What does it mean to you and to me and to all of us that while we cannot physically wipe away the tears of those beloved ones who grieve, God surely can and God surely does stoop down to do so?

How are we to live into the promised identity as ‘children of God’ in a new day in a new way?

And when, oh when, will the promised comfort of those who mourn be ours, all of ours, once more or maybe for the first time?

Where do we ground our hope when our cherished rituals are no more?

  • Do we light the candles on our own in our own private, sacred spaces, speaking the names of beloved ones as we do so?
  • Do we take a solitary walk through a cemetery as has often been my practice on November 1st, remembering that this ‘great cloud of witnesses’ stretches far beyond what our own small imaginations can possibly hold?  (For since I cannot even being to take in the names and the dates and the stories behind every gravestone in the cemetery behind my house, how can I possibly begin to comprehend the innumerable ones just like it the world over?)
  • Do we listen even more closely to the words of scripture this year, knowing as we have always known that while the Promise is true, it is still not yet entirely fulfilled?

Do we recognize, as my dad surely had to do so long ago, that in our dying (and yes, we all are) there are some things we may no longer be able to do as we once did — at least for now — and that even though it feels like it, we are not ‘less than’ as we are forced to go ever deeper in our trust, in our hope, knowing, believing that God holds together what we never possibly could anyway. Not before all of this, and ever more obviously, not now.

The rituals matter. I cherish them, I do. And I grieve all that has been lost that I still believe helps make us more fully human in this hard, hard time. Even so, there is comfort in the knowledge that even what we have always done only points us beyond now to something more. Something even more true. Something so much more solid. And that is God’s love which names us children of God, and which reaches down to wipe away tears no human being can touch. No matter how much we wish we could.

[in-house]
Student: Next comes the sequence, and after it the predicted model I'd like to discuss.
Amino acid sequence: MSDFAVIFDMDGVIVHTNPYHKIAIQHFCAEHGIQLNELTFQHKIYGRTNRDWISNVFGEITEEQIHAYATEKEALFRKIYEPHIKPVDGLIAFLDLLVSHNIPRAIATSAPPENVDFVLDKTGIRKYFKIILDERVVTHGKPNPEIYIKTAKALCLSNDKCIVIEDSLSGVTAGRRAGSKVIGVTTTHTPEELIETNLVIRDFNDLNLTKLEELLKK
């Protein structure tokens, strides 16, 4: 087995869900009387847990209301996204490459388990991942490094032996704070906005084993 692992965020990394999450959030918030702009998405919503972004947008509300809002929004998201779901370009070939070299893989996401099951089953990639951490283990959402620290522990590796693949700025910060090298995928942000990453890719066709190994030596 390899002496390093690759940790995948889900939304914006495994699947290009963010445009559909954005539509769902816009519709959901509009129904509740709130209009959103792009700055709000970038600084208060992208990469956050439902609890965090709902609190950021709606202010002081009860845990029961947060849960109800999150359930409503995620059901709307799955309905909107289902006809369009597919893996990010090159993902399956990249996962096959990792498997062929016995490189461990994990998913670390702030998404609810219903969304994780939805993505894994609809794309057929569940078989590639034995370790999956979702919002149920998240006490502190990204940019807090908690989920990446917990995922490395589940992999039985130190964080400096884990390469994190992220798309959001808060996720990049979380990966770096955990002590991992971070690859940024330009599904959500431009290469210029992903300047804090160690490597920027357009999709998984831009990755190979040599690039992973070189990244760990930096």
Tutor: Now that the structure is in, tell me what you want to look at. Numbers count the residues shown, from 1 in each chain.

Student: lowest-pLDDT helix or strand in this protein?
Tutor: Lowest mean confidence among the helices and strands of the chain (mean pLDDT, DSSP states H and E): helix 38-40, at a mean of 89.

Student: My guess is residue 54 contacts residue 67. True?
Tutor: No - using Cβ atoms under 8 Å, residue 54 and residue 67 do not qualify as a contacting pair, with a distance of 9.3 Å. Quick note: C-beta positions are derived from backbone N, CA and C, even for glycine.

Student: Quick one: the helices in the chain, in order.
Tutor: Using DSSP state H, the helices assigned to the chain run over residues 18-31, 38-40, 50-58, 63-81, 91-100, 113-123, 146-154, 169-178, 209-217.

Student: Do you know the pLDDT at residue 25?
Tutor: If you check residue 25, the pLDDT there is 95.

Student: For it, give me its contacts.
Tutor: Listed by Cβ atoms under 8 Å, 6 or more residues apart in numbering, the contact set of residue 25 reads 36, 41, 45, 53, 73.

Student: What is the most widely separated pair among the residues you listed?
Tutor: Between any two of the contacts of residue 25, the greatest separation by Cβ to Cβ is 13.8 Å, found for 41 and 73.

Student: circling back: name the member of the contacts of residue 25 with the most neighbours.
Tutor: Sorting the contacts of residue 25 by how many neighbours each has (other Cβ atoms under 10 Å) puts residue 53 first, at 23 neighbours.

Perhaps this year pushes me and maybe you, too, to rest deeper in that now more than ever before.

Maybe this year as I come to terms with all that feels like ‘dying’ now — and it is ‘dying’ — Maybe the gift will be that I can rest more surely in the promises of God which are truly grounded in Life itself. Life in the midst of this dying.  And Life beyond it, too.

I pray that this is so for you as well.

  • How will your All Saints Day look different this year? Or will it?
  • Rituals matter, but they only point to a greater mystery. If you are in a situation where things cannot be as they were a year ago, where and how is your hope being grounded?
  • How does the promise that God will ‘wipe every tear from our eyes’ speak to you this year? What does it mean that ‘we are children of God’ especially in this time? Where can comfort be found even in this time of mourning? Can we even begin to imagine now how much more fully that ‘comfort’ will be experienced in God’s Time?

 

4 comments

  1. Miki says:

    My dear friend’s father is dying & he’s my friend too. I wish I could go see him and say goodbye, but it’s probably not to be. I’ll be here to comfort Bekkah as much as possible after he goes, but…

  2. Lyn Burden says:

    Thanks Janet for your words. Our heart goes out to you and your community is this terrible time as you see the numbers rise daily.
    Here in Brisbane Aust we are very fortunate with only 6 people having died during the pandemic and no community transmission for weeks. We will gather on All Saints Day and remember our saints most of whom had limited funeral services. So our church folk can remember, share in ritual and share grief and loss together.
    We will remember your community (and others) who can’t gather and share like we can.
    Peace and Grace